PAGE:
As we have oft maintained, Caledonian Road is but a short hop over the fast flowing river of Camden Road; yet its identity is unique, its history special (as anyone who saw BBC2’s brilliant Secret History of Our Streets won’t contest).
And how better to celebrate its forthcoming annual Cally Festival this weekend than by an awe-inspiring pic of Caledonian Park Clock Tower in the early morning September sunshine?
And before we explore its history, a word about the festival, which last year attracted a whopping 7000 people. Like Queen’s Crescent or Alma Street, it’s a free event with music, art, creative workshops and stalls aplenty from local shops.
And three stages will, apparently, showcase the best of the “local emerging live arts scene”. The Main Stage programme will host everything from salsa to the National Youth Jazz Collective, while a separate Youth Stage, from an Vintage 1950’s Airstream trailer, is hosted by local young performers.
But now let’s head back to Caledonian Park itself – and that tower – which makes it one of London’s most atmospheric and underrated spots.
Once a pleasure resort and tea garden called Copenhagen House, in 1855 the site was redeveloped as the Metropolitan Cattle Market, chosen for its proximity to the goods yards of the newly opened Great North Eastern Railway and North London Railway. Livestock could be transported to the depots before being driven up York Way or chaperoned down from Junction Road railway station. On market days a noisy 15,000 animals could be traded. Imagine the smell too…indeed, its fame was such that Charles Dickens Jr wrote, in Dickens’s Dictionary of London, 1879, that “the great cattle market of London lies up the Caledonian-road, King’s-cross.”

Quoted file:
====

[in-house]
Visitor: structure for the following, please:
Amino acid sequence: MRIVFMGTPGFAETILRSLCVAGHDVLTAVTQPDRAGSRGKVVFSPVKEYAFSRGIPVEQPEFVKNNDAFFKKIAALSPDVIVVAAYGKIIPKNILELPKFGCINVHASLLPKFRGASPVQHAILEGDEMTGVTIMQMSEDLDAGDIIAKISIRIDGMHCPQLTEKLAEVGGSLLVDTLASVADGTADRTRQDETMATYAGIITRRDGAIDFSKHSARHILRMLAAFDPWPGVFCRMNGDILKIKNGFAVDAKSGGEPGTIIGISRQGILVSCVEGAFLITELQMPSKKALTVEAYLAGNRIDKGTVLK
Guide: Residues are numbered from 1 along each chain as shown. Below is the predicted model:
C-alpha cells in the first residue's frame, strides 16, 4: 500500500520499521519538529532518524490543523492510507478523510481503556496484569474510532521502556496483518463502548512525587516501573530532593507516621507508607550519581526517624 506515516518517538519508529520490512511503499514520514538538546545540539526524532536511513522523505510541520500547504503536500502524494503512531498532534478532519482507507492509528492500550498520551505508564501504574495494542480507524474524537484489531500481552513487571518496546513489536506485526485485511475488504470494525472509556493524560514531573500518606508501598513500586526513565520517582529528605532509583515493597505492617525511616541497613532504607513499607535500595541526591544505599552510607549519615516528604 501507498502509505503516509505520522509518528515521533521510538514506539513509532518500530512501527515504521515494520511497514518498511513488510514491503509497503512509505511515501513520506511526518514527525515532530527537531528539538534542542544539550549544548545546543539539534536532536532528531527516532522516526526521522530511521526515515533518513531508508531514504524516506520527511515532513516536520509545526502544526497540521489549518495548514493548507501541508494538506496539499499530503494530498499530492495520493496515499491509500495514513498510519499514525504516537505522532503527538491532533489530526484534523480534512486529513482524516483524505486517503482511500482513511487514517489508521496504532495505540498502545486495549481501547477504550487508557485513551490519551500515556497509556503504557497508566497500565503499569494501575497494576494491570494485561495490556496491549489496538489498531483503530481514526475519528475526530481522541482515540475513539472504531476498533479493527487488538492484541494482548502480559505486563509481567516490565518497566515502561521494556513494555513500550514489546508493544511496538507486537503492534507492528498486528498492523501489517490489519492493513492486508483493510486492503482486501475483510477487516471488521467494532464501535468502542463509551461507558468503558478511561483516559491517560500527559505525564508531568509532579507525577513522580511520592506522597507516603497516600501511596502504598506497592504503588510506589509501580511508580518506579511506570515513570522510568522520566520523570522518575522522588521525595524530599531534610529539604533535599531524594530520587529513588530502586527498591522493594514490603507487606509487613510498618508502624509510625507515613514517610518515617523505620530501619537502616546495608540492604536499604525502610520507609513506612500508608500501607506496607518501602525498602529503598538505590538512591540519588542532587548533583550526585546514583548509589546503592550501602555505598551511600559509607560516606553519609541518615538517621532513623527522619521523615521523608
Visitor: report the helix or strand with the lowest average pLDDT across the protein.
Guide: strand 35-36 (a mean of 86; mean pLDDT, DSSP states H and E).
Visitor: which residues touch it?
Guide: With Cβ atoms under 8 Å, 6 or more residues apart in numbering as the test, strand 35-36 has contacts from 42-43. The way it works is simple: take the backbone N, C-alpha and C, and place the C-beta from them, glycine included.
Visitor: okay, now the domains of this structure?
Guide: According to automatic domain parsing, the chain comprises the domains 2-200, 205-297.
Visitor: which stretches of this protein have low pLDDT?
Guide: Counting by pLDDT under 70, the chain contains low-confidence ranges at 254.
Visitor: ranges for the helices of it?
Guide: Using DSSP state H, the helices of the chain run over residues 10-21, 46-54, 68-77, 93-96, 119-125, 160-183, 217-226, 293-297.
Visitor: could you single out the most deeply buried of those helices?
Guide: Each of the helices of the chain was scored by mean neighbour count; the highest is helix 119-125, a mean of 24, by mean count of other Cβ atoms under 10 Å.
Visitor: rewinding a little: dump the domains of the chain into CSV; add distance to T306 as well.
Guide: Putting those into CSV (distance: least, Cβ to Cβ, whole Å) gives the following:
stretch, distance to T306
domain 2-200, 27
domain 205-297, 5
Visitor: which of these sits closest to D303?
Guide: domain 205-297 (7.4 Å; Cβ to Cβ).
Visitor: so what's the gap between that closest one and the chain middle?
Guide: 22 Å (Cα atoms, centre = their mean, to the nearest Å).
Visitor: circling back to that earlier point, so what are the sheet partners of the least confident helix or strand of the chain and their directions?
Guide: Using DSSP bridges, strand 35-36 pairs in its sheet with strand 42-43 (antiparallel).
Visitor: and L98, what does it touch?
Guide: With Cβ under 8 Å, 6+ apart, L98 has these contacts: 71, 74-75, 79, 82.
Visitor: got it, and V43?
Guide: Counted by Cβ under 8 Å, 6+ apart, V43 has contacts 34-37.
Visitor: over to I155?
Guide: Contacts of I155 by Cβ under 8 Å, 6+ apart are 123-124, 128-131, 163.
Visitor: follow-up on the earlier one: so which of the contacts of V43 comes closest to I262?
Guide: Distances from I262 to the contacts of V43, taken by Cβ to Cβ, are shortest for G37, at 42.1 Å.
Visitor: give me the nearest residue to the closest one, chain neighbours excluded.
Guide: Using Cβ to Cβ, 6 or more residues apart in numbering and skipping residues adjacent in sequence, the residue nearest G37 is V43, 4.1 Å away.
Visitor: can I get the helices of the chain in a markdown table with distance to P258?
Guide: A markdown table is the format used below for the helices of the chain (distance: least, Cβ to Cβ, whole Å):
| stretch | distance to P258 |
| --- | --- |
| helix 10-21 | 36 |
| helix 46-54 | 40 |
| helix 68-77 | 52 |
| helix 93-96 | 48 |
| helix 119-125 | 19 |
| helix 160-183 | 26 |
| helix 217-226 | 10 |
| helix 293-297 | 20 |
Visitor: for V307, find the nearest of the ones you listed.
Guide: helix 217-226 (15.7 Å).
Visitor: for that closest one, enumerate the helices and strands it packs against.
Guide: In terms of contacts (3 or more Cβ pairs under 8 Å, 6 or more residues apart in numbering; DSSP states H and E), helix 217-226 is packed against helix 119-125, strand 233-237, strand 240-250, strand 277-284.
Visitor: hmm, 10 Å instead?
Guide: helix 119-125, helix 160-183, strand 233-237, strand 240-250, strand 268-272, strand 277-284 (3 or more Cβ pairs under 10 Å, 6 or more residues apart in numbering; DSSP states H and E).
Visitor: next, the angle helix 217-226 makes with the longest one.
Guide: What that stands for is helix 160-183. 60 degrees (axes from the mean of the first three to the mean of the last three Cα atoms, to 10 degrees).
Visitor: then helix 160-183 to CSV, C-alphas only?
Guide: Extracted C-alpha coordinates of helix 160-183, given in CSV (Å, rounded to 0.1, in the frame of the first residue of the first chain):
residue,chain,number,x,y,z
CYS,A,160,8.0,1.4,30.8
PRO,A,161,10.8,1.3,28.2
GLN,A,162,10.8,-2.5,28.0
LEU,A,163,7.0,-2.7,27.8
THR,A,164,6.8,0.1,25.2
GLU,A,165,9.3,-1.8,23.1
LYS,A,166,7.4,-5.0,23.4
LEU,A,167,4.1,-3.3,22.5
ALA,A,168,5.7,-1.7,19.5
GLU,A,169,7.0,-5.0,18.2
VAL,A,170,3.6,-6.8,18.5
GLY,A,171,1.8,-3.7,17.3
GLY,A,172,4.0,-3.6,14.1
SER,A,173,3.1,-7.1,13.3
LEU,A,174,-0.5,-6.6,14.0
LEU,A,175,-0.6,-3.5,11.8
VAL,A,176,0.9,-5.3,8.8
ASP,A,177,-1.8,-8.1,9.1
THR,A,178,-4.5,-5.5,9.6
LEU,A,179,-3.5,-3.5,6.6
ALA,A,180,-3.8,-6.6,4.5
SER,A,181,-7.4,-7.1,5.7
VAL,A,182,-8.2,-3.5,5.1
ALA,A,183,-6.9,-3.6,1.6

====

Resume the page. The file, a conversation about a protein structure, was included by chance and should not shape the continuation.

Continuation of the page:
As you can see from the etching, the central market area was rectangular with stalls and pens for cattle, sheep and pigs, plus the 46 metre (151 ft) tall central clock tower, still perfectly intact in 2013. Slaughter houses were close by, and the whole site was enclosed by cast iron railings, the columns of which were topped with cast iron heads of the animals traded. (Sadly, the heads were removed many moons ago.)
At each corner, rowdy market pubs provided accommodation and entertainment for folk visiting: The Lion, The Lamb, The White Horse and The Black Bull. You can imagine how boozy they must have been. Today, three of the four remain (as posh flats) and, with the clock tower, are listed structures. A fifth pub, The Butchers Arms, was located at the south-west corner of the market site at the junction of York Way and Brewery Road.
By 1963 the market had disappeared, and Caledonian Park was structured in 1970 and planted with woodland. Its memory survives in the street and building names to this day – Market Road, Shepherd House, Penfields House, Market House and Drovers Way.
“The Old Caledonian Market was one of London’s living legends for stories of fabulous jewels and priceless pictures being found amongst the junk on the blue cobbled stones,” wrote Marjorie Edwards in Up The Cally – The History and Recollections of London’s Caledonian Market, 1989. “People flocked to the market in their thousands to hunt for such bargains, and in amongst the shoppers were the buskers, the common, the artists, the film stars and the pickpockets. Life at The Cally was a colourful hotchpotch of laughter and sadness, rags and riches, glamour, excitement and glorious confusion.”
Sigh. And so we advise you to stroll over Caledonian Park this Saturday and spend a moment looking up in awe at the tower – before joining the festivities on Cally Road.
The Cally Festival takes place 12-6pm Caledonian Road. More info here.